ONTOGENY: Just as children go through a babbling stage in practicing language, young birds go through stages in practicing song. SUBSONG is when young birds produce amorphous sounds not recognizable as their species song. REHEARSED or PLASTIC SONG is when one begins to recognize the song, and finally CRYSTALLIZED song is when the song renditions are fixed so that each song produced sounds identical with the next one. As in begging calls it is important to note the age of the bird recorded.

Learning songs of other species: In mixed collections one invariably finds birds learning each other’s alien songs. For example, Strawberry Finches are well known to imitate songs or calls of other species. Some finches even imitate human speech. I have a recording of a Cutthroat that imitated his mistress saying: “Pretty bird! Kiss me!” The literature tells us that their relative the Redheaded Finch has also been known to imitate human speech. I also know of a Melba Finch and a Java Sparrow that learned a few words.

Recording alien songs or human speech enables investigators to tease out nature (inheritance) versus nurture (learning) in vocal development. For example Bengalese can learn canary songs, but all the syllables are crunched together into rhythms and durations typical of Bengalese because these are fixed genetically. Timor Zebra Finches can learn Australian Zebra Finch songs (which are simpler in structure), but Timors transpose the Australian songs to a higher-pitch typical of Timor songs.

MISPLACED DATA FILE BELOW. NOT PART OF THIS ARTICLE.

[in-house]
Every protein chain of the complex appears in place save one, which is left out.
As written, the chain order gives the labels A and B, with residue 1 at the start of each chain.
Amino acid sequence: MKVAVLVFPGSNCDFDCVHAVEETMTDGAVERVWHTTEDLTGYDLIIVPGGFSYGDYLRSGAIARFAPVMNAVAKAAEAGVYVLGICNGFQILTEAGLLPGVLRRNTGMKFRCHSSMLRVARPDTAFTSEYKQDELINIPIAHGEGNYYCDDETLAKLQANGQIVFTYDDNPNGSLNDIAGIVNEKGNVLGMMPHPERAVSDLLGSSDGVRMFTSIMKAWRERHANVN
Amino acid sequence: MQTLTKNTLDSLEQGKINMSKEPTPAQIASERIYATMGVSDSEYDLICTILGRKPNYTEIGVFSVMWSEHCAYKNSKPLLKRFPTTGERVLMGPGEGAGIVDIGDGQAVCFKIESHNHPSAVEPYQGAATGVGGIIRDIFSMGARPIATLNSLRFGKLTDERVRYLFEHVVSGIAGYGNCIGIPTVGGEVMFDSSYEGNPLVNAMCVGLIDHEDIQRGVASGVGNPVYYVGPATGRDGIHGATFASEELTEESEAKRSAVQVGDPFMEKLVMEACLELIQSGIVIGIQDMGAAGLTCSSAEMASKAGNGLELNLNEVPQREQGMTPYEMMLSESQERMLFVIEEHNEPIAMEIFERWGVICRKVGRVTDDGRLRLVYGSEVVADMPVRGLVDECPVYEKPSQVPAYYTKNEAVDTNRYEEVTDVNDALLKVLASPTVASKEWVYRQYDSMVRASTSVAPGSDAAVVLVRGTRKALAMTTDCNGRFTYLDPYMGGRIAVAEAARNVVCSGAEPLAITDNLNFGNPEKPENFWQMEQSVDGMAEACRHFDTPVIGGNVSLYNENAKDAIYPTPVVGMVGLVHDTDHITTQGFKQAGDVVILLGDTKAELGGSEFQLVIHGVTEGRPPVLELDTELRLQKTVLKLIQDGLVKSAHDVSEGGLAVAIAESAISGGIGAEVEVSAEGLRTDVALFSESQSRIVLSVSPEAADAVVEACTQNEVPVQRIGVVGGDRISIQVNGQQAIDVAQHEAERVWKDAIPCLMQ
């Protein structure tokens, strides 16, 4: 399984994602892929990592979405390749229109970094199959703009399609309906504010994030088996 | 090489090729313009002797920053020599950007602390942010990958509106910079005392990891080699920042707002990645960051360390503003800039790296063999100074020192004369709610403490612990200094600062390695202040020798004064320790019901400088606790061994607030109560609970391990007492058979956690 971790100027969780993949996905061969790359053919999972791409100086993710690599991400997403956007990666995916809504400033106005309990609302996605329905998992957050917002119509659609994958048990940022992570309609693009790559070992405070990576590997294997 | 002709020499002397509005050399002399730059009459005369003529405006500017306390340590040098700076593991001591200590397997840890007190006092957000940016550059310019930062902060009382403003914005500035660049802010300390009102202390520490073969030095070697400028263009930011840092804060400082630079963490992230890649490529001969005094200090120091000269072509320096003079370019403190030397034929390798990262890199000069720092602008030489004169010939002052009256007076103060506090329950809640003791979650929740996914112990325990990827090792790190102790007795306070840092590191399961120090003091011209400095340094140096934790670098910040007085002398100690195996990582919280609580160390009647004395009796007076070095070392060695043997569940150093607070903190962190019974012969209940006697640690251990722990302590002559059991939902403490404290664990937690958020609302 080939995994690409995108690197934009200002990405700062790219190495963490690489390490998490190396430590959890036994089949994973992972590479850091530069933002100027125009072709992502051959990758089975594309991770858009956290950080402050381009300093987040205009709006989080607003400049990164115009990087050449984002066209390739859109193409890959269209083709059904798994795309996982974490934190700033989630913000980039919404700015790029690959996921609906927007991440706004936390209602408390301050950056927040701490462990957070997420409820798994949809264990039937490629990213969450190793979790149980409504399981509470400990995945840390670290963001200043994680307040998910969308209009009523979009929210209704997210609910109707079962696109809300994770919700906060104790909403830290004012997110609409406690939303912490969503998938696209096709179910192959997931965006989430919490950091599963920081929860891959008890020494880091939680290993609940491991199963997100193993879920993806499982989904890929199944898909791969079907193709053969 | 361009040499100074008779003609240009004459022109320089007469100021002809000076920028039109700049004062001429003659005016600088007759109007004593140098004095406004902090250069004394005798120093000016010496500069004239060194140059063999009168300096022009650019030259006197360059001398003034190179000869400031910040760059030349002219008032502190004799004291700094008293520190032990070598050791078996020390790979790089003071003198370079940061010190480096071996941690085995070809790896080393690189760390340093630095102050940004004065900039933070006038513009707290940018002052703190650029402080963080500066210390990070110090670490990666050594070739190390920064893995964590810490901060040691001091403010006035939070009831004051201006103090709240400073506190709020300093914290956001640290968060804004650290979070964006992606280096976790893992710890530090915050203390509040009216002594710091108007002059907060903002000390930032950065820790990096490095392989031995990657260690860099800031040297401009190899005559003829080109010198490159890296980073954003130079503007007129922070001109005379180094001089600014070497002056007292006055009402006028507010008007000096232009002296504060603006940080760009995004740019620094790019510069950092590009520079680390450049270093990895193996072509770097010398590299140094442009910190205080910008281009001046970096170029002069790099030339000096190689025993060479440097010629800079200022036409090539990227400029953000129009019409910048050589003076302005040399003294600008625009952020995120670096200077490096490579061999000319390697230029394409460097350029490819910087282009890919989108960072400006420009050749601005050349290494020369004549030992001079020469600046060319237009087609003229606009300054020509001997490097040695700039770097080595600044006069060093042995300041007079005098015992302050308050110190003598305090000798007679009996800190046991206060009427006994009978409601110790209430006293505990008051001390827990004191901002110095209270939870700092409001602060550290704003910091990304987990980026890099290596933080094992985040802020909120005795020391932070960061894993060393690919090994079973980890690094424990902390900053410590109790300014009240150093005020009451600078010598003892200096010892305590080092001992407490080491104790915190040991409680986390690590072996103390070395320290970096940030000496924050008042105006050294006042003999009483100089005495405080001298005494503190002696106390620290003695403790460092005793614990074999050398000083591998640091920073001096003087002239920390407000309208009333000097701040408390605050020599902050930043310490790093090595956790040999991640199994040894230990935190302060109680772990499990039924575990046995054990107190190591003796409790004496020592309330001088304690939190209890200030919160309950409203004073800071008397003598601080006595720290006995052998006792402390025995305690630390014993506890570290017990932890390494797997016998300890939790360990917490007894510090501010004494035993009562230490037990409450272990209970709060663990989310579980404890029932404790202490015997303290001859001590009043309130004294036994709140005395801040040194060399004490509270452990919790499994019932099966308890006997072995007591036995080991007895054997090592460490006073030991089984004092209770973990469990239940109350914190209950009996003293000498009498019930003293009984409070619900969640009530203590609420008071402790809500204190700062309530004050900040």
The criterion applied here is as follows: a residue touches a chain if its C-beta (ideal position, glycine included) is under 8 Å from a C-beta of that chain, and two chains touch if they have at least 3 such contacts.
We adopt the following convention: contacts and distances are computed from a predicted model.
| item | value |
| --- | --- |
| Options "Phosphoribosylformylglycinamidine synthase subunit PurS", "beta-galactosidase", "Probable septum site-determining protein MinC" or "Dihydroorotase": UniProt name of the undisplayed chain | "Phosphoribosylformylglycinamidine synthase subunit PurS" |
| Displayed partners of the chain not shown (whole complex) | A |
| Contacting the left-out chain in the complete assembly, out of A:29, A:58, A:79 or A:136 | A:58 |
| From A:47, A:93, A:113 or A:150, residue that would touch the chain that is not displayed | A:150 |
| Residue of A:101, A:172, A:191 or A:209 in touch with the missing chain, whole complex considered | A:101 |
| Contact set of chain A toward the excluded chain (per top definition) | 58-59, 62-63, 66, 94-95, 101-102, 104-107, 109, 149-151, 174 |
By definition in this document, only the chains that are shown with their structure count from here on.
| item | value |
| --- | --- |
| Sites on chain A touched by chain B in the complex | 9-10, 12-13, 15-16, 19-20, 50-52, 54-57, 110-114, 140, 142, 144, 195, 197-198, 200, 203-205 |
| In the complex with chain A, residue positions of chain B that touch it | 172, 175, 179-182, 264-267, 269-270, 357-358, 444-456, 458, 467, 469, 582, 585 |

Finally, one should carefully speak into the tape (before and after if possible) each recording entering the following data:

Species: English names are fine, but if possible add genus, species and subspecies if available. Unfortunately, the same English names are sometimes used for the same bird. For example, I’ve heard Javan Mannikin used for both Padda oryzivora and Lonchura leucogastroides.
Date, time, weather conditions.
Sex and age of bird.
Context when sound was produced by bird, e.g. solitarily, in a group, in vacuo or addressing another bird, in the nest, on a perch, on the ground etc.
Locality. In a cage, in an aviary, in the wild.
Don’t be afraid to talk into the tape. I knew one person who wanted the perfect recordings, so he made beautiful recordings with no voiced notes and all the data was only recorded in notebooks. Someone stole his car and his backpack containing his notes, so he was left with two years of recordings with no notes and no data. By all means take copious notes, but as a double insurance talk into the tape with at least the above listed data.

Happy recording!